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The idea sounds interesting. But until internet security approaches are dramatically improved, I'm not sure I'd want to have my data posted somewhere that I don't have direct control over.

I'd also be concerned with the cost of using this regularly. Loading the data onto your cell phone and then having your phone load the information up on the web seems to exclude a large portion of the potential user base. I'm a self-avowed geek, but I never use my cell phone for internet access. Too slow and too expensive.

I think there are several other holes I could punch in the BodyTel product story. I guess I'll wait and see how it all plays out.

Hmmm, while it sounds like interesting technology, and I like the idea of combining a cell phone with a meter, but you're 100% right about the reasons people do not test (unfortunately, even education doesn't solve the issue in many cases).

A Canadian study done several years ago proved conclusively that when patients did not have to worry about the cost of testing supplies, they not only tested more frequently, but showed a statistically significant reduction in glycosated hemoglobin values (A1c), yet the price tag on testing supplies limits many patients -- especially those paying out-of-pocket, and the perception that a high reading is a bad thing (its not, it provides patients with more information on what they need to do) is widespread and is a huge discouragement for many patients to even bother testing. Yet many doctors and educators fail to help establish the issue that its only a number, but one which helps the patient decide what to do next and in the process, sow the seeds for testing avoidance.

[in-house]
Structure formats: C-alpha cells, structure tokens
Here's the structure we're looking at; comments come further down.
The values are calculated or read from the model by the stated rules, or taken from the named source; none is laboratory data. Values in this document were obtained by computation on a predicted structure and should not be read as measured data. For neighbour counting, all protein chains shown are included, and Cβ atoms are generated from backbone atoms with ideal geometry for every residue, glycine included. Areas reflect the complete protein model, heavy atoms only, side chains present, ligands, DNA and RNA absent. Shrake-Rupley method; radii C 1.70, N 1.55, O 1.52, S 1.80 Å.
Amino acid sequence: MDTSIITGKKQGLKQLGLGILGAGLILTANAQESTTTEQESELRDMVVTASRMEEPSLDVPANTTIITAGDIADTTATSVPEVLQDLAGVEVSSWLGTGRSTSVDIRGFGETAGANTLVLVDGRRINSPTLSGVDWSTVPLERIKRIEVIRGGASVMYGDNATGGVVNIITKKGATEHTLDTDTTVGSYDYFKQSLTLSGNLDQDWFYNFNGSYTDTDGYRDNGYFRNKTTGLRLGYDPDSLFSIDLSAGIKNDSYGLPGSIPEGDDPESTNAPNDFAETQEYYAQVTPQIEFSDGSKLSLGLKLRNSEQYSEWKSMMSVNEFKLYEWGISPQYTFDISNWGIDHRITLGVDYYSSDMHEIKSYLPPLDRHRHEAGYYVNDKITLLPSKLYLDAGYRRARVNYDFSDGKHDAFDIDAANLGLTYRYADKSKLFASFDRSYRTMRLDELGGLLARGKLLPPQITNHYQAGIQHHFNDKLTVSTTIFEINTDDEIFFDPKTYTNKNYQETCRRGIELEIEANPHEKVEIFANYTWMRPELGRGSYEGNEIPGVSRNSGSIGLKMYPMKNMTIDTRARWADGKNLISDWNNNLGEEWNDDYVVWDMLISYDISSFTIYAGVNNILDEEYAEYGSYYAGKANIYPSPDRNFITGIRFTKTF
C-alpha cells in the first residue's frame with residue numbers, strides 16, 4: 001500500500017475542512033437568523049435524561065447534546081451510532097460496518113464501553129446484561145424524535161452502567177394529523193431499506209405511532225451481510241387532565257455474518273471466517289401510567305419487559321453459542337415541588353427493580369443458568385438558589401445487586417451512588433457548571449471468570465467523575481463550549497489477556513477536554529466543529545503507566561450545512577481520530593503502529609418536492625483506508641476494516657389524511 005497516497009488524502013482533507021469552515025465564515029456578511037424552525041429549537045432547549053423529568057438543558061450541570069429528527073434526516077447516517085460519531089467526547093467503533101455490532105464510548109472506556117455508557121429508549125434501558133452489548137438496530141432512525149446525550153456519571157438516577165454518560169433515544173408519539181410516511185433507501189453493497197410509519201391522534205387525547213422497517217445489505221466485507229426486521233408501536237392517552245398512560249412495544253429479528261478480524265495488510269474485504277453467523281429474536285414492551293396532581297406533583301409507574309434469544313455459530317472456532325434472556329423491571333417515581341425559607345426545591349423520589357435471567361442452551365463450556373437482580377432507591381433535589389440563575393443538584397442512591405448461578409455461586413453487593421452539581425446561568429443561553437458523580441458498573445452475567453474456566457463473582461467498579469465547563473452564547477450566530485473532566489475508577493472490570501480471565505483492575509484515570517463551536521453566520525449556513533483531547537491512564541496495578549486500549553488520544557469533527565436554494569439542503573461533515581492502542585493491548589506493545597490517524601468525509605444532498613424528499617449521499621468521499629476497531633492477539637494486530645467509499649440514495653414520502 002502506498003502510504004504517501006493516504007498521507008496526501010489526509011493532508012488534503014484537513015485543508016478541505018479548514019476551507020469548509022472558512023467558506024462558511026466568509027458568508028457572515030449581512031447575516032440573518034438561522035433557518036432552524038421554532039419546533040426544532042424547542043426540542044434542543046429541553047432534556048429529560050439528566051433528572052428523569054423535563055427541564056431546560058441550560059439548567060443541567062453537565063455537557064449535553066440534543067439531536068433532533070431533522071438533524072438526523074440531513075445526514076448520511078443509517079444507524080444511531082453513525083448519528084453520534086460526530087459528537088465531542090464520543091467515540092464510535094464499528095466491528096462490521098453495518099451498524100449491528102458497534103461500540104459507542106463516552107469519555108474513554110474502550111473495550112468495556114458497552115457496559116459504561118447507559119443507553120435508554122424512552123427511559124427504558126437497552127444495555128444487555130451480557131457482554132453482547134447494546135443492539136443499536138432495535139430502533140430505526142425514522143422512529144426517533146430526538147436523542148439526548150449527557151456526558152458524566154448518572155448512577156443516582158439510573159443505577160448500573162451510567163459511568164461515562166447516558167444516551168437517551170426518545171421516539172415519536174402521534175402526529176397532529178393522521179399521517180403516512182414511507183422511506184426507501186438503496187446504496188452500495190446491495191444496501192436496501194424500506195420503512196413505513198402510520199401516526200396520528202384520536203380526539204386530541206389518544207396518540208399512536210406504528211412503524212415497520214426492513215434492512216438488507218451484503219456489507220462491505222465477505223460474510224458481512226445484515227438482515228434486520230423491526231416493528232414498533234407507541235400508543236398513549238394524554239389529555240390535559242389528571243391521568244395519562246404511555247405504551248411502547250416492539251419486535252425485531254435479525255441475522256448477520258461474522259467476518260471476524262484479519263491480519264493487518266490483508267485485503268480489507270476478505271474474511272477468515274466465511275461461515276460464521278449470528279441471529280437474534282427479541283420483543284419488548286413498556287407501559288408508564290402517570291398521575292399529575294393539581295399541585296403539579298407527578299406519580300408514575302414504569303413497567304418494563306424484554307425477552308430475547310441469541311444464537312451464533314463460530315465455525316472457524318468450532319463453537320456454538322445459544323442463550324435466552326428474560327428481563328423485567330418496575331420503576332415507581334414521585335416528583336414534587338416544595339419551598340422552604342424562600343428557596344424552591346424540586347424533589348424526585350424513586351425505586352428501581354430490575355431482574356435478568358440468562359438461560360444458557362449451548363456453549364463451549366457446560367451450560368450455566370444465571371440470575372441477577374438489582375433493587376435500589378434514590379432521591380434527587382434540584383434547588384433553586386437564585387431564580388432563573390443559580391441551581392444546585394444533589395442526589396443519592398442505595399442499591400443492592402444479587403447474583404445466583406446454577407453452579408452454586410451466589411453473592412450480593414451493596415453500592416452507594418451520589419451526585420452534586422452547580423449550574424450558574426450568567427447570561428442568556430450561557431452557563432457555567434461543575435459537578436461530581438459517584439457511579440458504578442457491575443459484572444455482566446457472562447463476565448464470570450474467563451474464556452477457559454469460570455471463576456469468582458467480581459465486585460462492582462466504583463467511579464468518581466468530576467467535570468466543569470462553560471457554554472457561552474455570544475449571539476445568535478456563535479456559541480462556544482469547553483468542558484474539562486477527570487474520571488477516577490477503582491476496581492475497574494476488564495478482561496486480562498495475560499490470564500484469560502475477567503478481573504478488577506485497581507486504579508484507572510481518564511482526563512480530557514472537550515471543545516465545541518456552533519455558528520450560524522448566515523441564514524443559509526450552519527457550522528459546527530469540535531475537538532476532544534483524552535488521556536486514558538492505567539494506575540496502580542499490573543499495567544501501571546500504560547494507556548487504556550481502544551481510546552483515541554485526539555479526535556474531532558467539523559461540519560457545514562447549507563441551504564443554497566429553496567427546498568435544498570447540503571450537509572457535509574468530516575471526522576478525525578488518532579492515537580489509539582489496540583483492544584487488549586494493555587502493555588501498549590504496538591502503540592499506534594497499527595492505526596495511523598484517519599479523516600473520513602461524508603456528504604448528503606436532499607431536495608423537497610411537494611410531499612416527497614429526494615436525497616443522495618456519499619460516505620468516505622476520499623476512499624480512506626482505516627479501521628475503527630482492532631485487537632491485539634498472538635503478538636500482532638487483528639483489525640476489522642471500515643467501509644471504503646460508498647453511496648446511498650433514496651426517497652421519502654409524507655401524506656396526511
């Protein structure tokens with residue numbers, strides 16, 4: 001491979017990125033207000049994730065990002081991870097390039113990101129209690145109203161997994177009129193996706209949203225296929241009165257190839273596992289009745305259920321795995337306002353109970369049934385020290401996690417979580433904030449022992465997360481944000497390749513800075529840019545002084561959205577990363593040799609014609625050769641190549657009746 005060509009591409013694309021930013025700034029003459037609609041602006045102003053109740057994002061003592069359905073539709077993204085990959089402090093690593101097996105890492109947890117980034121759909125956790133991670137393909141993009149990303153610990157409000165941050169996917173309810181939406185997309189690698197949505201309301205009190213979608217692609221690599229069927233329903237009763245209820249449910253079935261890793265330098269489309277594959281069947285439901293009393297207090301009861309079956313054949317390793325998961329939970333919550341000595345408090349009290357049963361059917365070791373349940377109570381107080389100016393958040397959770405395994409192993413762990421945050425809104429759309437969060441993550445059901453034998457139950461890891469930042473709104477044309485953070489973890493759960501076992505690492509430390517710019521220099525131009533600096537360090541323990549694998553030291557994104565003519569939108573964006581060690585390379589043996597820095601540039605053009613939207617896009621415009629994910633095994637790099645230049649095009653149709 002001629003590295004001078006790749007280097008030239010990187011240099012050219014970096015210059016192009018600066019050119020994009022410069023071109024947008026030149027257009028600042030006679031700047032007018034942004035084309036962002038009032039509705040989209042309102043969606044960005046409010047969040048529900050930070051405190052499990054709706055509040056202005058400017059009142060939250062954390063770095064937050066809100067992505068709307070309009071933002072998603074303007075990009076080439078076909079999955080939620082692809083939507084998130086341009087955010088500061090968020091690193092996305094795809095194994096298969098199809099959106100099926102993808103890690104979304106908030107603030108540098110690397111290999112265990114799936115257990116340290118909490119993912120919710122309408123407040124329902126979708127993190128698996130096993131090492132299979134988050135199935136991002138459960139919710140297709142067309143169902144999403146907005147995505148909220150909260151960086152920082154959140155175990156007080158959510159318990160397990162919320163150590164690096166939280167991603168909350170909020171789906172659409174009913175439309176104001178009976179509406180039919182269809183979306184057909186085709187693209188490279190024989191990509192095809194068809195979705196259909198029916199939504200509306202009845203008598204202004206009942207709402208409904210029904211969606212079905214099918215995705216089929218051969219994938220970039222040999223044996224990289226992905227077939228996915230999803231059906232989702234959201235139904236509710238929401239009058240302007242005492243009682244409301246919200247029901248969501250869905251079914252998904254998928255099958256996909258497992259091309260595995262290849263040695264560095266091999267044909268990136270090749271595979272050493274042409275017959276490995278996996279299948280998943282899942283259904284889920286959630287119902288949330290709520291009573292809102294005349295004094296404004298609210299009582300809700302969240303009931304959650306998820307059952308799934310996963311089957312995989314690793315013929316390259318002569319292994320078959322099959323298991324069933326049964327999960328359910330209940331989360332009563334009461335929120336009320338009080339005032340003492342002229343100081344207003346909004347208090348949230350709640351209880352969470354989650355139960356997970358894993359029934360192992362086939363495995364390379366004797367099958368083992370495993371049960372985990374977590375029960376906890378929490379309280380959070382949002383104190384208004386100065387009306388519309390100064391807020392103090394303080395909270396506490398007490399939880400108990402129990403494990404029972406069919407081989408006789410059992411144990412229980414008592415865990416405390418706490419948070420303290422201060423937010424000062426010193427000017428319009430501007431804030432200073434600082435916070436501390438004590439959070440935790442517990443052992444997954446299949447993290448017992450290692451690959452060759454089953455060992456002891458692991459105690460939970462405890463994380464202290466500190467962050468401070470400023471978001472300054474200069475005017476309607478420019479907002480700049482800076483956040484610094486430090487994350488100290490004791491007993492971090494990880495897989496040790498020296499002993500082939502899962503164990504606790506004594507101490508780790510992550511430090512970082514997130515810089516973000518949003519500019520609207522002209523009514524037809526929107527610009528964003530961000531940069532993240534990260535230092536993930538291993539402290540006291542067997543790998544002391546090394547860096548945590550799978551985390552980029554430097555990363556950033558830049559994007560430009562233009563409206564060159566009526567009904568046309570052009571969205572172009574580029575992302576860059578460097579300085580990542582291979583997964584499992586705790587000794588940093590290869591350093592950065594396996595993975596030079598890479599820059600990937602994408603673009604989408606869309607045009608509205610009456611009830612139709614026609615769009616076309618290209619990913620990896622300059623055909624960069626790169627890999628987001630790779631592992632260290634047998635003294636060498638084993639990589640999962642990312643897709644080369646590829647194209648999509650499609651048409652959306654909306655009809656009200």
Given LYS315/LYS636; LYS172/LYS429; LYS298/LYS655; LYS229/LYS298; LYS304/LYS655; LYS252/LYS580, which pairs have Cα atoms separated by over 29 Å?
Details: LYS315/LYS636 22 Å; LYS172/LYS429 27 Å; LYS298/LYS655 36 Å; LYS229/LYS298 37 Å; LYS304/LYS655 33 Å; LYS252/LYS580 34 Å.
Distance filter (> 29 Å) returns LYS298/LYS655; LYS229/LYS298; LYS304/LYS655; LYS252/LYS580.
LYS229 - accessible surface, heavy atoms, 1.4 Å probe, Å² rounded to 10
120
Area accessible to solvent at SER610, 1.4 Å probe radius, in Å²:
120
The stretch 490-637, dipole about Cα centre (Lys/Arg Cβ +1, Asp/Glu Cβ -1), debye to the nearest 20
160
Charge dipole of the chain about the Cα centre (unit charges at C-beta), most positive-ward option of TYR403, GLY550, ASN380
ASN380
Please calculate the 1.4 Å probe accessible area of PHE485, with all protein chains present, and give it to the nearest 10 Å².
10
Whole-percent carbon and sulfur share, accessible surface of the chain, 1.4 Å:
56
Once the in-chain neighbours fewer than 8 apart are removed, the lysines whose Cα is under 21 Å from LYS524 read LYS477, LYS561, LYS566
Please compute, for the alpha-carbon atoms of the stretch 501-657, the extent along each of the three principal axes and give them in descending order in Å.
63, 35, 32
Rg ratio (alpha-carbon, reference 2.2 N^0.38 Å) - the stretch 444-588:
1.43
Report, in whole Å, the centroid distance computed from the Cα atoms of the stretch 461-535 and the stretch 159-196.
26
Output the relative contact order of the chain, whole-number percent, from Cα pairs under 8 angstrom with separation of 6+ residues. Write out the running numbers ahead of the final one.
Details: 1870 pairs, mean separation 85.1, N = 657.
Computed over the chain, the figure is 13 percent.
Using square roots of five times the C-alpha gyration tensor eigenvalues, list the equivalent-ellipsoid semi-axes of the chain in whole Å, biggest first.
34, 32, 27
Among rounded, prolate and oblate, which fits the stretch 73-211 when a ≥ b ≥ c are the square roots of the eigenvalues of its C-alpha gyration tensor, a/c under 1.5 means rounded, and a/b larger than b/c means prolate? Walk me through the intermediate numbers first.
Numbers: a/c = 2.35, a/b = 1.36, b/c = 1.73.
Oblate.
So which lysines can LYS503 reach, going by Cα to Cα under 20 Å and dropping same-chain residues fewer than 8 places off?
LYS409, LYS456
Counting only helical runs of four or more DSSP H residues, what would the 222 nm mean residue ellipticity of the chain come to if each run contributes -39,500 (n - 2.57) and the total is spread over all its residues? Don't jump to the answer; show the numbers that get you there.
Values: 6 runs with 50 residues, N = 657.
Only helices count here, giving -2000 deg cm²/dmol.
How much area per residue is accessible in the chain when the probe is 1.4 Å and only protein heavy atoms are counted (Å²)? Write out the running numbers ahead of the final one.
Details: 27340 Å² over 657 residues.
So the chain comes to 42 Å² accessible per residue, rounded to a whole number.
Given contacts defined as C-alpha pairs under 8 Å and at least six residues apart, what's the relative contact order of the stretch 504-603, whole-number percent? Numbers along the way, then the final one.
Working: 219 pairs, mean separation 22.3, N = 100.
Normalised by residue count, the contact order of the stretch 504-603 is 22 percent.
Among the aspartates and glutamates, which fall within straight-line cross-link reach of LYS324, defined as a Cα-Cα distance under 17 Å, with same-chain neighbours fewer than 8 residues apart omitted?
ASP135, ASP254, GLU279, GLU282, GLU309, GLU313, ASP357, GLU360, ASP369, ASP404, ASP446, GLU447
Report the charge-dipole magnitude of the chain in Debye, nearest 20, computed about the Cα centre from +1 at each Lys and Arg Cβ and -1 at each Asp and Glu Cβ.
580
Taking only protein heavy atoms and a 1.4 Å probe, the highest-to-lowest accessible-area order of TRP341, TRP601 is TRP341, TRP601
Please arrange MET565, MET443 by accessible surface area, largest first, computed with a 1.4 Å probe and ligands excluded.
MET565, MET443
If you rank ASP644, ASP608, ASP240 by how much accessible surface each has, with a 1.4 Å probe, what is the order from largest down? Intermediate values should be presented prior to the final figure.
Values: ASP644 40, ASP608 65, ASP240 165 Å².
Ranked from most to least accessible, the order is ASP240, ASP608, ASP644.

I see the cost of testing supplies as a major impediment to adequate testing, and the corresponding hassle that many patients who are in good control go through with their healthcare providers to get an adequate supplies adds to the problem. Why, for example, are patients who ask for 15 test strips a day hassled about? The issue is that our healthcare system still has a very short-term outlook, and paying today to save money tomorrow is not seen as wise investment, or certainly one that should be questioned.

While GlucoTel positioning itself as the solution to the diabetes epidemic isn't exactly convincing, they are hardly alone in their less-than-truthful jockeying on this issue. We can count Johnson & Johnson, Abbott, Eli Lilly and Company, Novo Nordisk and Sanofi Aventis among the companies that haven't done anything fundamentally new in terms of treatment, yet they all suggest that their companies are "working hard to address the diabetes problem" -- unfortunately, many see them as "hardly working to address the diabetes problem".

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